The construction of Grand Feu enamel dials is a complex, time consuming and expensive process. Partly as a consequence of this process, vintage enamel dial watches have a unique, everlasting and truly magical charm to the new, seasoned and experienced collector. Vintage enamel dial pieces have a special aura about them and may exist in a state of time warp type beauty that almost mirrors the day they were born. For St Imier based Longines, almost all of their enamel dials heralded from dial maker Flückiger which is now owned by Patek Philippe.
Whilst metal dials are accepted with a range of flaws, with descriptions that may range from shagged, to spider to spectacular and everything in between. Dealers now use the word spider to describe dials that were considered long gone when myself and those suffering greyhairitis started collecting. However, enamel dial collectors have not yet transitioned to accepting a spider version in their wish list or vocabulary, and consequently, they often seek seemingly a perfect or near perfect enamel dial.
Grand Feu dials have a complex and expensive manufacturing process which results in manufacturing flaws. By default, the QC process means many are discarded and that makes perfect original vintage enamel dial models very special. They are even more exceptional when they are found within a special collectable rare model like the vintage Longines Weems, Lindbergh, or special enamel dial chrono, wrist or pocket watch from a variety of makers.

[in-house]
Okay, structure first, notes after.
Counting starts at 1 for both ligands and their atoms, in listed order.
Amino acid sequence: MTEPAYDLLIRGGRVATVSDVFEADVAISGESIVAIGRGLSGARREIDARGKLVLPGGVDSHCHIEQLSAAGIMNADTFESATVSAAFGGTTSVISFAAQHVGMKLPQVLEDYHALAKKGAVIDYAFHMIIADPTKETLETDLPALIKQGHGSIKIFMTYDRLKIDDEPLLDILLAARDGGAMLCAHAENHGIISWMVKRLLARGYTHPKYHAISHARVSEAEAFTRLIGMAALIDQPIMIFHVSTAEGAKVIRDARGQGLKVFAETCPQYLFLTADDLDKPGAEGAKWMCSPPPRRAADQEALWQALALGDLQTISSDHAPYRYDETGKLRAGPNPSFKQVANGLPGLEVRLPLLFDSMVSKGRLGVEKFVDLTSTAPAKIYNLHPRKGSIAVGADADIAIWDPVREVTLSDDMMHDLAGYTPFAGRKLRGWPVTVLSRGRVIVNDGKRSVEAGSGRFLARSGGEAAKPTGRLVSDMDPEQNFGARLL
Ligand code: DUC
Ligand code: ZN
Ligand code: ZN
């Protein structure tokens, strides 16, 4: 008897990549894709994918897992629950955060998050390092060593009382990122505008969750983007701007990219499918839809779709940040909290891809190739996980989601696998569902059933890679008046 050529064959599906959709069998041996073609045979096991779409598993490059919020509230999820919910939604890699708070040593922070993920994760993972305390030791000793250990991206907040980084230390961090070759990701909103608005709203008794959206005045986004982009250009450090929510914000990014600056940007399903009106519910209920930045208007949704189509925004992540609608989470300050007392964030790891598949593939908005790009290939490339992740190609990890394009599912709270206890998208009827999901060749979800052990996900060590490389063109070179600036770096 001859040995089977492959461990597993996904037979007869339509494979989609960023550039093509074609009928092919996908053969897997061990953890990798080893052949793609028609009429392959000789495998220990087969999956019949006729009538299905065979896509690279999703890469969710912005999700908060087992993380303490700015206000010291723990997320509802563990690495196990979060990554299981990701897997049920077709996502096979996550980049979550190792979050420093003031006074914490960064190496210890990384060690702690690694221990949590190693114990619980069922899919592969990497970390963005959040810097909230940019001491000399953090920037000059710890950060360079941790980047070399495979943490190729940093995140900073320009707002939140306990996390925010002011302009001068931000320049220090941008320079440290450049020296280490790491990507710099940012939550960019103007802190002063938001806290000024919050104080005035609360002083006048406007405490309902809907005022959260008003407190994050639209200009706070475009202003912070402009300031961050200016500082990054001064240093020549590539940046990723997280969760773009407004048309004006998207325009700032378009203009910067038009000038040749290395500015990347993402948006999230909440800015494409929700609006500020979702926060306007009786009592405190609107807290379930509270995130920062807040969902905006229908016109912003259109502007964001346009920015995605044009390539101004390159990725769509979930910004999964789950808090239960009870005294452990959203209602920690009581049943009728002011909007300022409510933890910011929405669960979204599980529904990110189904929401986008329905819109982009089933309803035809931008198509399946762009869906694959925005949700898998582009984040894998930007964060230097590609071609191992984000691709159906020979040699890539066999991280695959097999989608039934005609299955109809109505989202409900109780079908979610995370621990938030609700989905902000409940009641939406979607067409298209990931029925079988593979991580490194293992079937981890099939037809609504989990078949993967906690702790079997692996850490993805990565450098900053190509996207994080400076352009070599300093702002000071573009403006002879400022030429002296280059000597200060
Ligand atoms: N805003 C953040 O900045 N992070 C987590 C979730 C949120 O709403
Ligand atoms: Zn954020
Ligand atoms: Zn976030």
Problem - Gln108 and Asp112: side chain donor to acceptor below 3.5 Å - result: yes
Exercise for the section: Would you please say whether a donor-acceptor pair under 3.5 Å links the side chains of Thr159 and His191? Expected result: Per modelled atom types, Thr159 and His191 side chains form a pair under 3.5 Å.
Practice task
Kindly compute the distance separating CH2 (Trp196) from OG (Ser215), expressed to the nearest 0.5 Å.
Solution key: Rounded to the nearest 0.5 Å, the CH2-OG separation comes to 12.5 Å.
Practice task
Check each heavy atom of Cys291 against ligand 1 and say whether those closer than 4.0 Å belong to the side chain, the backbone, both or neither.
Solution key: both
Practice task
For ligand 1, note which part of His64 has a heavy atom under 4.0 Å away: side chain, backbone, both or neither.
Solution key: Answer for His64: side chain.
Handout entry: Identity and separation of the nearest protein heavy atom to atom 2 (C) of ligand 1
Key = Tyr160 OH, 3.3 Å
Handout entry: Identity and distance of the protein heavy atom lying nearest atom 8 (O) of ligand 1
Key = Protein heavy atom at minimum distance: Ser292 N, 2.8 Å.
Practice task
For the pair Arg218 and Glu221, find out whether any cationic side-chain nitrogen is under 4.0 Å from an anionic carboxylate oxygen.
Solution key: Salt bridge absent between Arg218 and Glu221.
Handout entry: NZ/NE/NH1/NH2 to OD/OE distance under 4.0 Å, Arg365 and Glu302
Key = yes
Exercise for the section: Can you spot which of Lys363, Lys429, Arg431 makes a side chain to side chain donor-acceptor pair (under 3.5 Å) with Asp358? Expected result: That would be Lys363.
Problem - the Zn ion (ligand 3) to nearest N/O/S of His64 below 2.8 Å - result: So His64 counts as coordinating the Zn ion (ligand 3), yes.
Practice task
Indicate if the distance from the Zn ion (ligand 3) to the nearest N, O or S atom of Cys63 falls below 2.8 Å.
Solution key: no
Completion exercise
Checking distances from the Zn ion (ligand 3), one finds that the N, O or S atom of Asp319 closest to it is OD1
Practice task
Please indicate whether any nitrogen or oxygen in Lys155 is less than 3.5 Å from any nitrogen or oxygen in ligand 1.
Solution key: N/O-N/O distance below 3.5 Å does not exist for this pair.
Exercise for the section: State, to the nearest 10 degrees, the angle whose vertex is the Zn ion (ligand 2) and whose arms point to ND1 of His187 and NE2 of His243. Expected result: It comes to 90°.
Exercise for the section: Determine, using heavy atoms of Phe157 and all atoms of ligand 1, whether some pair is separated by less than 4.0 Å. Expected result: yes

Finding a perfect enamel dial in these rare watches is a challenge. Most dealers and collectors have likely never seen nor held an original version of the two vintage Longines aviation watches noted. This is one of the reasons the watch is not spruiked and promoted by one and sundry. Most Weems and Lindbergh pieces were delivered during the Great Depression and supplied at a time when overcoming air navigation’s challenges meant the difference between success and failure, and at times life and death.
Many were supplied to the military or used by military officers or explorers pushing aviation’s boundaries. It is important to remember that vintage 1920-1950’s aviation watches themselves are a particularly rare breed, and even moreso, if issued to the military.
For anyone with a special interest in horology, vintage military aviation watches are without exception some of the rarest and most sought-after ticking survivors.
Their rarity is of course attached to the extinction type outcomes of the pilot, plane, and their watch in early aviation history, especially during military engagement, and compounded by other unforeseen events post being issued.
The dangers and casualties of early aviation cannot be overstated and many a pilot lost their life pursuing new aviation frontiers. The loss of a plane generally involves loss of the pilot and their watch.
Enamel dials are susceptible to damage from impact like a heavy knock, being dropped and during careless service work from an inexperienced or lazy watchmaker.
Therefore, given early aviation challenges and their tool watch purpose and function it must be noted that finding a Longines Weems, Hour angle, rare enamel chrono, or other special vintage piece from this era with an all original and perfect enamel dial is a challenge.